Harry (Jeff Daniels) is still the innocent one. Daniels is able to fall back into his character, even though he seems rusty until ten minutes pass. After twenty years, that’s expected. Lloyd still puts his needs before anyone else, dead or alive. Carrey is occasionally over-the-top, but he has a blast portraying the character. The film is kept alive by the actor’s chemistry when there are periodic, unfunny lulls.

After twenty years, a Lloyd, who now looks like a hermit, is at a mental hospital. He’s upset about not getting with Mary Swanson and he has been sitting in a wheelchair with a blank stare into nothingness. It turns out, he has been joking this entire time to prank Harry.

Harry needs a kidney and thinks he needs it from a family member and not just a blood type match. When he finds a letter from old flame Fraida Felcher (Kathleen Turner) that states she is pregnant, he sets off to find the daughter he never knew. And meanwhile, he can hit her up for a kidney.

Lloyd is attracted to the daughter and decides to tag along. They find her in El Paso, Texas, after stopping in Maryland at her house. They meet her adoptive father and have to hand deliver an important invention that she forgot to bring. The pair get mixed up in a murder plot where they are one of the targets.

It’s formulaic, but in the spirit of the original film. I can understand that the Farrelly brothers want to emulate the intense success of the original cult pleasure, but comedy sequels have proven time and time again that it’s difficult to recreate the magic twice. The writers actually repeat five jokes from the original. They largely follow the original’s premise to a tee and it disables any room for innovation because of that.

Some repeated choices are charming – particularly the repeated song of the Apache Indian’s “Boom Shack-a-Lack”. It’s a pleasant, nostalgic moment. I do like some music decisions by the film’s composer, the band Empire of the Sun. Songs like Willie Nelson’s “On the Road Again” and Marty Robbins’ “El Paso” are obvious, but effective. They tie scenes together.

Harry gets a fantasy sequence which depicts what type of father he would have been to Penny. Lloyd’s fantasy sequence is just as violent as the first one – where his fantasy of being with Penny mirrors his one with Mary Swanson.

The defense of his girl’s honour is still creative. The daughter, Penny, portrayed by Rachel Melvin, is dumber than a doornail. Melvin can’t display much talent because she is give a character with very little depth. The character’s stupidity isn’t endearing – it is more often annoying.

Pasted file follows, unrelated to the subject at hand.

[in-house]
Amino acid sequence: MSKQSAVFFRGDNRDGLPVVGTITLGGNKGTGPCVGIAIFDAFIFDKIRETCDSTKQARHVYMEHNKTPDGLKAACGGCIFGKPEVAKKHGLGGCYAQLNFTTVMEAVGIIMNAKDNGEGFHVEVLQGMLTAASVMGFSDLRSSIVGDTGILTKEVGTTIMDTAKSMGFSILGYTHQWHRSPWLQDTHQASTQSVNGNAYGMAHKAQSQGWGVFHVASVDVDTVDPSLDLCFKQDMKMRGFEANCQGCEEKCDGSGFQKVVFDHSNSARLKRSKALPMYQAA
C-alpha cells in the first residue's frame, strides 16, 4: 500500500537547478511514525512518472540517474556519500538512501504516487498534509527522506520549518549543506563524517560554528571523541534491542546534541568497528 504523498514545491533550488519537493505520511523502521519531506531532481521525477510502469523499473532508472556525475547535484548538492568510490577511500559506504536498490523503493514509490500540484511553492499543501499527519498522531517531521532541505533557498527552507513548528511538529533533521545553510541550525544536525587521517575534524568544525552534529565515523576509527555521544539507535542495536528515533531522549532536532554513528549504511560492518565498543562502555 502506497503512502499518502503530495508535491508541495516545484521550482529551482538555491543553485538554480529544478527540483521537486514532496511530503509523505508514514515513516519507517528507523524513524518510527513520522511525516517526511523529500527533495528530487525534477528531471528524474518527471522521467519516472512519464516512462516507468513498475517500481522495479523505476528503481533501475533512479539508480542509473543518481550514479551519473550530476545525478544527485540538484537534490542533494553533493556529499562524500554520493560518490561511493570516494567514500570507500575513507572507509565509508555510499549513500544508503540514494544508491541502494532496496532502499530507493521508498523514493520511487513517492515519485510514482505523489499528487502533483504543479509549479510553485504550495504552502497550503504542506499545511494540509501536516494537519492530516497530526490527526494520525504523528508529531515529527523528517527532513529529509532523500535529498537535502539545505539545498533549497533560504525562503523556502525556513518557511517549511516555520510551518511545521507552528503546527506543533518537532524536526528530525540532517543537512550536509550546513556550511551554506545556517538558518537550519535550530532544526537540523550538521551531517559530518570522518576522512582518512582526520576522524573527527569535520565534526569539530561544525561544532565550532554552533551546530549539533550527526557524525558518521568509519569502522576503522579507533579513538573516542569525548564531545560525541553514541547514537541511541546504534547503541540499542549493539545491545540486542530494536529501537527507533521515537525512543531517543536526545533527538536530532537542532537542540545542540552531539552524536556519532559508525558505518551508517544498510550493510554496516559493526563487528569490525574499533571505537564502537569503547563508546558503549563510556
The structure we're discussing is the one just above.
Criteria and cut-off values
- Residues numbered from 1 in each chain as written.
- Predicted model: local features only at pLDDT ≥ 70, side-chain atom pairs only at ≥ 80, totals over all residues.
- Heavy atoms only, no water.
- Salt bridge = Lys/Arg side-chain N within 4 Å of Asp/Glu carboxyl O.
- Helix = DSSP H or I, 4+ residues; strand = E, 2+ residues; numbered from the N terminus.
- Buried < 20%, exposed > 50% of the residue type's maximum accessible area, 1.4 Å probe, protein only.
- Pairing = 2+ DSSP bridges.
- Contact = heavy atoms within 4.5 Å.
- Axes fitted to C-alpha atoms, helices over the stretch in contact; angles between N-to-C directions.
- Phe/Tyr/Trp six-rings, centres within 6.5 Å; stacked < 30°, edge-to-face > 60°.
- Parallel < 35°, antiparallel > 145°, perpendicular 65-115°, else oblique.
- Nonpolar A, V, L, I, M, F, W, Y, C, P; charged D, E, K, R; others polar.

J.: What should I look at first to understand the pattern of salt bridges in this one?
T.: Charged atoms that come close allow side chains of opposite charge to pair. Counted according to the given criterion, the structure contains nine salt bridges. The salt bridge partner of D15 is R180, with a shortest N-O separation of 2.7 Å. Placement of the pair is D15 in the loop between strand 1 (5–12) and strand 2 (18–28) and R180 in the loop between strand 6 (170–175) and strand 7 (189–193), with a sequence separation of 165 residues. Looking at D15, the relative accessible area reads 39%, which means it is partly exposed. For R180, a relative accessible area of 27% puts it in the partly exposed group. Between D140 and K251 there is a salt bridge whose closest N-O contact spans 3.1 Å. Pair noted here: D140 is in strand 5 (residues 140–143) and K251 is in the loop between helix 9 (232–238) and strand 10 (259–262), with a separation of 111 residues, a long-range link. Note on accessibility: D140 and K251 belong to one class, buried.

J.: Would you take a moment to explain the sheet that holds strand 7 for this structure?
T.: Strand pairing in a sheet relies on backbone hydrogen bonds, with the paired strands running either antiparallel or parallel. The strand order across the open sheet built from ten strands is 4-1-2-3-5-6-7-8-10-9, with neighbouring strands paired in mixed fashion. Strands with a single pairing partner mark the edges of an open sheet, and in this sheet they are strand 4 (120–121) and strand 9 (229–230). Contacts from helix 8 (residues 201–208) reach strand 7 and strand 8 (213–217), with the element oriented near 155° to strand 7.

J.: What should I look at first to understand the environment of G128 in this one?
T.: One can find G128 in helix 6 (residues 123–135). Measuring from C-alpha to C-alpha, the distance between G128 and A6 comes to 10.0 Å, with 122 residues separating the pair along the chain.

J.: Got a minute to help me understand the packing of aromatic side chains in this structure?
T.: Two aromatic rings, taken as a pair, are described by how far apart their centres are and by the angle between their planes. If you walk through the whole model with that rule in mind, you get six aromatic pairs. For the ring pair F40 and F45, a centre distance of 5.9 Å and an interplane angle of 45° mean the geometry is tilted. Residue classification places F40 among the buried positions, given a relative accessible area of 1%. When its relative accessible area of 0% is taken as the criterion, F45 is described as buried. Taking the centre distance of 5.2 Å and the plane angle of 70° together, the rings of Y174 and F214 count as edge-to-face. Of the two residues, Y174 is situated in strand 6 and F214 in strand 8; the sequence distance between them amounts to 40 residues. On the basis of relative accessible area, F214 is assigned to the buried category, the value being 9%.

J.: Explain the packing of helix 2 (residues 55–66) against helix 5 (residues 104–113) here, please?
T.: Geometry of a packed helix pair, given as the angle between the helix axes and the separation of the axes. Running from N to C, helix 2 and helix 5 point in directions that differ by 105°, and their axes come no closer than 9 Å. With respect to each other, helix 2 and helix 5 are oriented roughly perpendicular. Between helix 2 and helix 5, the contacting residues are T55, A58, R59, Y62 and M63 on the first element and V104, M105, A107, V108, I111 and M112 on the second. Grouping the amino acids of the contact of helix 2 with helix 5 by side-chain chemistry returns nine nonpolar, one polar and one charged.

Lloyd and Harry treat Fraida Felcher with a distinct meanness, which just isn’t in good spirits. The joke is that the beautiful young woman experienced the reverse ugly duckling and changed into one. The Walking Dead’s Laurie Holden portrays a character named Adele who is married to Pinchelow. She doesn’t get any depth. She works with a sneer throughout but doesn’t get any laughs.

Rob Riggle is the main villain. He plays two characters – a handyman named Travis and then his twin brother, Captain Lippincott, a military figure who has camouflage expertise. This enables cool displays of make-up and great attention to detail.

When the film’s humour misses, it’s awkward – like a kid trying too hard to be funny. It’s frustrating when the Farrelly brothers take the joke too far, it’s like they don’t know the boundaries of utter grossness. They might be going for a shock factor but it’s unnecessary.

The humour doesn’t have that shadow of intelligence behind the stupidity like the original. Much of the jokes don’t flow as well as the original because the plot isn’t quite coherent.

The most negatively astounding thing about the film is that the entire narrative falls apart at the end within a matter of ten minutes. It’s frustrating because many plot aspects are forfeited for either convenience or for a half-assed joke. It makes the road to the end completely irreverent. It’s a creative decision that I will never be able to get behind.